German Military Cemetery

Sandweiler, Luxembourg

In Sandweiler are buried 10,913 German soldiers who died in the fierce battles of the winter of 1944 and in the spring of 1945 in the Luxembourg-Belgian and the Luxembourg-German border regions. The cemetery was the first after the Second World War that the Volksbund Deutsche Gräberfürsorge (National Association for Tending German War Graves) was able to set up outside of Germany.

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User Reviews

Allen Barrett (2 years ago)
In many ways I found this more moving than the nearby American cemetery. It was still stark, still rows of markers, still a place for somber reflection. What it did not have was the bravado of the american cemetery, which,I suppose, goes with being on the wrong side.
Carlos Villalobos (3 years ago)
German war cemetery. Minutes away from the American war cemetery. Greaves are engraved with 4 individuals. Recommend seeing both cemeteries. Eye opening difference.
Kevin Koehler (4 years ago)
If you are at the American Cemetery in Luxembourg then go here also it is only down the road not even a mile. This is also a somber place to visit and reflect on some of the consequences of war. This is a consolidated cemetery of German Soldiers from World War Two with battles that were in the Luxembourg and Belgium area. As with many wars there are Soldiers here that are Unknown and these rest in double graves.
mike marra (5 years ago)
A place of peace and reflection.
Caley McCormick (5 years ago)
A beautiful and sad place and a stark contrast to the American cemetery down the street. Both are must sees for anyone traveling in the area.
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Quimper Cathedral

From 1239, Raynaud, the Bishop of Quimper, decided on the building of a new chancel destined to replace that of the Romanesque era. He therefore started, in the far west, the construction of a great Gothic cathedral which would inspire cathedral reconstructions in the Ile de France and would in turn become a place of experimentation from where would later appear ideas adopted by the whole of lower Brittany. The date of 1239 marks the Bishop’s decision and does not imply an immediate start to construction. Observation of the pillar profiles, their bases, the canopies, the fitting of the ribbed vaults of the ambulatory or the alignment of the bays leads us to believe, however, that the construction was spread out over time.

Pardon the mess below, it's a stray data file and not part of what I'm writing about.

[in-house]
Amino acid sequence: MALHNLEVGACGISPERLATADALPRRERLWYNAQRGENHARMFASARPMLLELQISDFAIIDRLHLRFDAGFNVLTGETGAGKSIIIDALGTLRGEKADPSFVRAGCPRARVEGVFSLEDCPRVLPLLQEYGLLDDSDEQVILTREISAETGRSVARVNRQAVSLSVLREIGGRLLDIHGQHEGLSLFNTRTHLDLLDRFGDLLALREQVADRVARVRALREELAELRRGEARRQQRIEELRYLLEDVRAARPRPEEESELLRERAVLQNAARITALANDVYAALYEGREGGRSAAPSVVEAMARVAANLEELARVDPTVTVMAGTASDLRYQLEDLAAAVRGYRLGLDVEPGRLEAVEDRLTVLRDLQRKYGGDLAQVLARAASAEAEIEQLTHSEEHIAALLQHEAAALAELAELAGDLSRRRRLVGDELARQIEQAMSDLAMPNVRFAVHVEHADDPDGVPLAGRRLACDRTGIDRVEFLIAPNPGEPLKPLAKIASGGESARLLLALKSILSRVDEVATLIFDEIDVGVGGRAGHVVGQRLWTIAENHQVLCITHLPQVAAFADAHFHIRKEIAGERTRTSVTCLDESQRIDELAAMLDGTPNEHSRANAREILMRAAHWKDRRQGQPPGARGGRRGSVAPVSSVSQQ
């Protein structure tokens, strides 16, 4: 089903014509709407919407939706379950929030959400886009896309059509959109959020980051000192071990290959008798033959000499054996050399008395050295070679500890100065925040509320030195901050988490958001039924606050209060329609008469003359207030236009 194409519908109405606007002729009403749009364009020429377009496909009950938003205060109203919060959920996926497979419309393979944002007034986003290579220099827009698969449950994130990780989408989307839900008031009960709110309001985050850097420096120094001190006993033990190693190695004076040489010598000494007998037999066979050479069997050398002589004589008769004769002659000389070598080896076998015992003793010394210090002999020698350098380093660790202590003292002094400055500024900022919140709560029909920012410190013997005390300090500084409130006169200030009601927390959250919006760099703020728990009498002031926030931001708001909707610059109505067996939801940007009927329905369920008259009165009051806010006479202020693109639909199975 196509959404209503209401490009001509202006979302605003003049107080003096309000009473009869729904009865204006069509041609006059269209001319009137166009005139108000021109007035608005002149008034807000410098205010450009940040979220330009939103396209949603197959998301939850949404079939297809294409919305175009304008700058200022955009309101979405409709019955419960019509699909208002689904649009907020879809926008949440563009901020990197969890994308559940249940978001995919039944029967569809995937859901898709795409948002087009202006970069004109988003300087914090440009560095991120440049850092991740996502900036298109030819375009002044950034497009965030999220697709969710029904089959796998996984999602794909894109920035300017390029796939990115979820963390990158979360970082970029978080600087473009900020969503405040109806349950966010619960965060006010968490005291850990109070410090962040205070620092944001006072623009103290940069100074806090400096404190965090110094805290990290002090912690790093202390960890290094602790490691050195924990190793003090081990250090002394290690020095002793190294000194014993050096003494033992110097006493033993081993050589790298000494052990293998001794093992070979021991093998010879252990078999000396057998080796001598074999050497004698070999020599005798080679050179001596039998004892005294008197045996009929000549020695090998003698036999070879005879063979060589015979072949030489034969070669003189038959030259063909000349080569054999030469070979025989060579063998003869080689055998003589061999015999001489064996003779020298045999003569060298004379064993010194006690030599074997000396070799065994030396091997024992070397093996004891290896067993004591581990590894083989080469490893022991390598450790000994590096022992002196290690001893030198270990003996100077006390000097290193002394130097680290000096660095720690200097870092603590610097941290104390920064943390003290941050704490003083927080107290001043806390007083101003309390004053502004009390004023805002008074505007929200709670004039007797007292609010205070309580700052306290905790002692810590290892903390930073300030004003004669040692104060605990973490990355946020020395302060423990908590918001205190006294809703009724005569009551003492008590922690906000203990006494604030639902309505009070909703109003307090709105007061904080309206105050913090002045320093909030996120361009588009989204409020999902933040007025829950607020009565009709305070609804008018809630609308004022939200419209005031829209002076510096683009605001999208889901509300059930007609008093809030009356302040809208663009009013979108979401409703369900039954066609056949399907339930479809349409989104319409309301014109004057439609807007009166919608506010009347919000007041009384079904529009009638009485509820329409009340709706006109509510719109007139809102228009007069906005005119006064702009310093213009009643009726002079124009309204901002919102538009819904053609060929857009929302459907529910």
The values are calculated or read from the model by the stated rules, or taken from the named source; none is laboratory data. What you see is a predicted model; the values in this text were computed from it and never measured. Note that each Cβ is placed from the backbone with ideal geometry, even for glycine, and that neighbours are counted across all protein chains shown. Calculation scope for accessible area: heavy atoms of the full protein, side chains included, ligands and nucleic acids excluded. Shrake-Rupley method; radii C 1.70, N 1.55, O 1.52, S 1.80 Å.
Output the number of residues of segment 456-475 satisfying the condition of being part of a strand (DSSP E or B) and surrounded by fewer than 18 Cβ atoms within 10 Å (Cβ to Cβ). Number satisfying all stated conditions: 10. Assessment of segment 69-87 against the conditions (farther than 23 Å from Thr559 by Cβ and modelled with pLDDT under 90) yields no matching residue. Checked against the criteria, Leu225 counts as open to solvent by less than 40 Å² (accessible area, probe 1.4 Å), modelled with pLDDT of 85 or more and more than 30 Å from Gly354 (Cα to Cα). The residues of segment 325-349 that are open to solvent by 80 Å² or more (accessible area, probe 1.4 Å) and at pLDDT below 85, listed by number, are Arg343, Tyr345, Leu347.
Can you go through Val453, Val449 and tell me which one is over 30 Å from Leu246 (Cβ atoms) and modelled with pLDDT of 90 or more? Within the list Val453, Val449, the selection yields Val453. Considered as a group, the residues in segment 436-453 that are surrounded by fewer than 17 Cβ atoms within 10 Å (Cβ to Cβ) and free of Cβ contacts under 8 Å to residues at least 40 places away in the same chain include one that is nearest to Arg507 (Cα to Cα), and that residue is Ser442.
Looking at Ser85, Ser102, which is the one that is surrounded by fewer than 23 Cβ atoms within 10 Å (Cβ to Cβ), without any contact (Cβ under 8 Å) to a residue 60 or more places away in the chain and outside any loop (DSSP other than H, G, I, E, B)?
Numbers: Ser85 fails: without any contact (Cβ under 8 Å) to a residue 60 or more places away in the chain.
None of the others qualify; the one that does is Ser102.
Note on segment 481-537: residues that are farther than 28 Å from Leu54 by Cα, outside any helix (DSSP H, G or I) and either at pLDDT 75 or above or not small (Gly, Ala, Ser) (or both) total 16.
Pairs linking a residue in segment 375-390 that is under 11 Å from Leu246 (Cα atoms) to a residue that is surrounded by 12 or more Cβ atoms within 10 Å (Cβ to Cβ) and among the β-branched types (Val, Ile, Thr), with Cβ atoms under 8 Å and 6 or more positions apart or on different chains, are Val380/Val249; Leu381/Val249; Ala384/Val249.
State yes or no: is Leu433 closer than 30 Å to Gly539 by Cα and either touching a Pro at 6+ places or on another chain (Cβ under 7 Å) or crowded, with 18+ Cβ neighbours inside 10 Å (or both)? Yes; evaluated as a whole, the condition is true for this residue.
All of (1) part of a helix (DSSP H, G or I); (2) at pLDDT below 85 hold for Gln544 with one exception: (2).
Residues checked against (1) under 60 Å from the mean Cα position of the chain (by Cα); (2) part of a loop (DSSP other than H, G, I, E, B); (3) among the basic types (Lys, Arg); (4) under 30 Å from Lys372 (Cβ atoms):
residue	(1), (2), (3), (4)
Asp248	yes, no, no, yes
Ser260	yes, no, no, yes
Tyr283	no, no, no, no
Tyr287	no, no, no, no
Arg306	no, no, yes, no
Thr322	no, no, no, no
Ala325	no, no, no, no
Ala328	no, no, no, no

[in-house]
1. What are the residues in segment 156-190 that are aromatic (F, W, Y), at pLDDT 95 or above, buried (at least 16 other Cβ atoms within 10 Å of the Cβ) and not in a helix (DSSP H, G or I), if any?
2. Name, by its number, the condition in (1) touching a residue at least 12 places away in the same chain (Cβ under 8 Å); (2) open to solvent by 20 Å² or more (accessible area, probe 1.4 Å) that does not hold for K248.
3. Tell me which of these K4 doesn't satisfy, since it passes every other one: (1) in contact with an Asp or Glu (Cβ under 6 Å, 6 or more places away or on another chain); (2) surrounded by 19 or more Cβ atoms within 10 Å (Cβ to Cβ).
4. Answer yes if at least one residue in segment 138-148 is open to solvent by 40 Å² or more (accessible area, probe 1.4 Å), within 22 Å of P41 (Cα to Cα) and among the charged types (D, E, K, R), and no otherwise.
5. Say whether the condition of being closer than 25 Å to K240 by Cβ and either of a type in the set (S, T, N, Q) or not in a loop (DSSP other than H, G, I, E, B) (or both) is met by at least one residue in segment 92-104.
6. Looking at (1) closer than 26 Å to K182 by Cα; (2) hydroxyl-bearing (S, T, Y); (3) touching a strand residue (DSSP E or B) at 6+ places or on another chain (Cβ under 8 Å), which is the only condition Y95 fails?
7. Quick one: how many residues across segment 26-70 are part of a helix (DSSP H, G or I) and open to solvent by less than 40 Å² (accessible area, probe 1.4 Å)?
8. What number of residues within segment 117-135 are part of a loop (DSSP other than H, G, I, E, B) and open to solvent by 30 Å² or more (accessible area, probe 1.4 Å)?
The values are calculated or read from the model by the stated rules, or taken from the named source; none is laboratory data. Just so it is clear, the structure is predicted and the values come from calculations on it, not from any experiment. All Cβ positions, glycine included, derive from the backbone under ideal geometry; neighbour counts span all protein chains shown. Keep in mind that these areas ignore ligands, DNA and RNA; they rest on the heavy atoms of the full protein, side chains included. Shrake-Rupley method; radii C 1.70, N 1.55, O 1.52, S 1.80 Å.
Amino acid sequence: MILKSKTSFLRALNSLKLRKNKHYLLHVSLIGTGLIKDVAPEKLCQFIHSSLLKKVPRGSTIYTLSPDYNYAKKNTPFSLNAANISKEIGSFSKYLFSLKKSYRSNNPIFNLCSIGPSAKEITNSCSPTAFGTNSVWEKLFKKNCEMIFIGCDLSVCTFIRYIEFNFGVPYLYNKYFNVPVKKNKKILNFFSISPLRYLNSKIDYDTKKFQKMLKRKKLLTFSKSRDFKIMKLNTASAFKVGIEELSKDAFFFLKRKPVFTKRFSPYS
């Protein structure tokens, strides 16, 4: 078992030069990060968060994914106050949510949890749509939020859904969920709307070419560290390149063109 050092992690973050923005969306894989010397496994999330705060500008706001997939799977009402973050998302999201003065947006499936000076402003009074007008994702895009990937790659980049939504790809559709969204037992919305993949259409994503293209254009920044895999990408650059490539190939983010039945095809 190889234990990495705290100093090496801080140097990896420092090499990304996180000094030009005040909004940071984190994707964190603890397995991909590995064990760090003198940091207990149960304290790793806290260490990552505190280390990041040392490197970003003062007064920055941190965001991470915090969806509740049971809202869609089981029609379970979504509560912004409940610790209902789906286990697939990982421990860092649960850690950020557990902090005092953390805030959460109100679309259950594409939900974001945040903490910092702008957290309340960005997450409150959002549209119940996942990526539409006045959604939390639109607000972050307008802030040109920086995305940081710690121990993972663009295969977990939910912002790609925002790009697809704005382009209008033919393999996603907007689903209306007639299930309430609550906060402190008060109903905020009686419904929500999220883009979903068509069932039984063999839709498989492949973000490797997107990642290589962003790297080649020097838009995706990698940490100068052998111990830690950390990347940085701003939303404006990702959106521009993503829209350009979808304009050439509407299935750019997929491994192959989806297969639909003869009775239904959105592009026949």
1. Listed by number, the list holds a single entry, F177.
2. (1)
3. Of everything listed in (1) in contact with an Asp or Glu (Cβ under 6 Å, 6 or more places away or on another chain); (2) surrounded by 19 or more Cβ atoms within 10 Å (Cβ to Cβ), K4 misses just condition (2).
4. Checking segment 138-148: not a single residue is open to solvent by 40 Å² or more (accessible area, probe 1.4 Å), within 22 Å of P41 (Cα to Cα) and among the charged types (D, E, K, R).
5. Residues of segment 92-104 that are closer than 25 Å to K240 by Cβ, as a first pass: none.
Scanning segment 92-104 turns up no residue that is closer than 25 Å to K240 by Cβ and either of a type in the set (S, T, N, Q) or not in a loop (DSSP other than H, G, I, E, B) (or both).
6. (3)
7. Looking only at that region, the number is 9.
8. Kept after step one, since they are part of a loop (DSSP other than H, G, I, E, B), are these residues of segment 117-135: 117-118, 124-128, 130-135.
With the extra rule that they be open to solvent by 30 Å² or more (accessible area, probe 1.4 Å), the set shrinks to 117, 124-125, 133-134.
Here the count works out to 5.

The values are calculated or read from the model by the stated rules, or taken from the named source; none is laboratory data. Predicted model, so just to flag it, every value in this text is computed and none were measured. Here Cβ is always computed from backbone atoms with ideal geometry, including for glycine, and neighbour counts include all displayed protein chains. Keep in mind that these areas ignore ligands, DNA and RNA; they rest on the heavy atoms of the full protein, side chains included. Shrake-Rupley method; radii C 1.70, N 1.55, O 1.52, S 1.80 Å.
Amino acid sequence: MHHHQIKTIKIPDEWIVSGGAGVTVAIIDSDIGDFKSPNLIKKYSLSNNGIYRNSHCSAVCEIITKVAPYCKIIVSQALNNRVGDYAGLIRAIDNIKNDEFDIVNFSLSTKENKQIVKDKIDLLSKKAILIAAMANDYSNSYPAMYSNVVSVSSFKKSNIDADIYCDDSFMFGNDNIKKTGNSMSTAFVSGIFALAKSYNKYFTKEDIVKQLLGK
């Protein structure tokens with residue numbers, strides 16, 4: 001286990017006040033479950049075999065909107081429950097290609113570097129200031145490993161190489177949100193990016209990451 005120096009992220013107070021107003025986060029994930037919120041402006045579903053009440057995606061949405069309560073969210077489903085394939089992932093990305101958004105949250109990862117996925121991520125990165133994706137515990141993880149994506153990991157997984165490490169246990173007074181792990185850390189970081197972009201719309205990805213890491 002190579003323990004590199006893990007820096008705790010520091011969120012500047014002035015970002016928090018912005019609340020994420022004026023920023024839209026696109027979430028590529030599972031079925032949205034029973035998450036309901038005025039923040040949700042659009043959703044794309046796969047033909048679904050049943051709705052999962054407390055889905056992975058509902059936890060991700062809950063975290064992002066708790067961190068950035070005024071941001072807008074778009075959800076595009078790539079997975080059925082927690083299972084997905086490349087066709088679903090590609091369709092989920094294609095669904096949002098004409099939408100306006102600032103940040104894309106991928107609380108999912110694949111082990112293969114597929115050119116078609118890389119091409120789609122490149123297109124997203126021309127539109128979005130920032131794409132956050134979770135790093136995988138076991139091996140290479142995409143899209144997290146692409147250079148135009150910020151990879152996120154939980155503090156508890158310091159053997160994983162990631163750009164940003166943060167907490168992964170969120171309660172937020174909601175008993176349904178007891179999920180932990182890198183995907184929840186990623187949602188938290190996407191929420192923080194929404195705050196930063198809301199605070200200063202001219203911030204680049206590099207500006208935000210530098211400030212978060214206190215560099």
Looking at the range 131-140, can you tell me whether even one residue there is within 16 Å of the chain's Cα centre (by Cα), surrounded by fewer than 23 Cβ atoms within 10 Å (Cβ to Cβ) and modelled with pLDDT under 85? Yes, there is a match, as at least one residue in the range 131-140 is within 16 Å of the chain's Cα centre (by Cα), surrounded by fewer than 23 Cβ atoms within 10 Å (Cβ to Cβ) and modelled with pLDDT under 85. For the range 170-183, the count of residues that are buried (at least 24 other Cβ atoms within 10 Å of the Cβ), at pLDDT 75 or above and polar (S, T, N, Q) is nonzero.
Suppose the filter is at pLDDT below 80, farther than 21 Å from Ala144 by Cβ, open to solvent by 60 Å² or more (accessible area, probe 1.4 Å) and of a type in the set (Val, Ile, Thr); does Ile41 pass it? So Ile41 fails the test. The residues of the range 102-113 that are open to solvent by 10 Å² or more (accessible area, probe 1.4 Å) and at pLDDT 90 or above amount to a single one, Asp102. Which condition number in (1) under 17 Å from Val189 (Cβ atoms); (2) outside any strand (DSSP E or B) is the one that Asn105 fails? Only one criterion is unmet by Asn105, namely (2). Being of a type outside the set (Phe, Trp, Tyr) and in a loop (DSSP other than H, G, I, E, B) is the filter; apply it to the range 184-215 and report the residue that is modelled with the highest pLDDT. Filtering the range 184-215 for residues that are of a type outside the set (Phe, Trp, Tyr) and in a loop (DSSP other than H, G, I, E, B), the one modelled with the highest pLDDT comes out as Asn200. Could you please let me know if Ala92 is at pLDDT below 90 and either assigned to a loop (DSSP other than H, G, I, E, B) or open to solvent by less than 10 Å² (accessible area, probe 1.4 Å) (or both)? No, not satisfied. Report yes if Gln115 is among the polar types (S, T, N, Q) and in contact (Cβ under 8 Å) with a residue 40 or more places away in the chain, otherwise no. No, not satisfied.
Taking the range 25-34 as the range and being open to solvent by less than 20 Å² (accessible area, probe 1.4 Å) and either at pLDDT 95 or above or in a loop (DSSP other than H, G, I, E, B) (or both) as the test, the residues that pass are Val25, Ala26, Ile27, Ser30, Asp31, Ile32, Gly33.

The four circular pillars mark the start of the building site, but the four following adopt a lozenge-shaped layout which could indicate a change of project manager. The clumsiness of the vaulted archways of the north ambulatory, the start of the ribbed vaults at the height of the south ambulatory or the choice of the vaults descending in spoke-form from the semi-circle which allows the connection of the axis chapel to the choir – despite the manifest problems of alignment – conveys the hesitancy and diverse influences in the first phase of works which spread out until the start of the 14th century.

At the same time as this facade was built (to which were added the north and south gates) the building of the nave started in the east and would finish by 1460. The nave is made up of six bays with one at the level of the facade towers and flanked by double aisles – one wide and one narrow (split into side chapels) – in an extension of the choir arrangements.

The choir presents four right-hand bays with ambulatory and side chapels. It is extended towards the east of 3-sided chevet which opens onto a semi-circle composed of five chapels and an apsidal chapel of two bays and a flat chevet consecrated to Our Lady.

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The west porch finds its natural place between the two towers. The entire aesthetic of these three gates springs from the Flamboyant era: trefoil, curly kale, finials, large gables which cut into the mouldings and balustrades. Pinnacles and recesses embellish the buttresses whilst an entire bestiary appears: monsters, dogs, mysterious figures, gargoyles, and with them a whole imaginary world promoting a religious and political programme. Even though most of the saints statues have disappeared an armorial survives which makes the doors of the cathedral one of the most beautiful heraldic pages imaginable: ducal ermine, the Montfort lion, Duchess Jeanne of France’s coat of arms side by side with the arms of the Cornouaille barons with their helmets and crests. One can imagine the impact of this sculpted decor with the colour and gilding which originally completed it.

At the start of the 16th century the construction of the spires was being prepared when building was interrupted, undoubtedly for financial reasons. Small conical roofs were therefore placed on top of the towers. The following centuries were essentially devoted to putting furnishings in place (funeral monuments, altars, statues, organs, pulpit). Note the fire which destroyed the spire of the transept cross in 1620 as well as the ransacking of the cathedral in 1793 when nearly all the furnishings disappeared in a « bonfire of the saints ».

The 19th century would therefore inherit an almost finished but mutilated building and would devote itself to its renovation according to the tastes and theories of the day.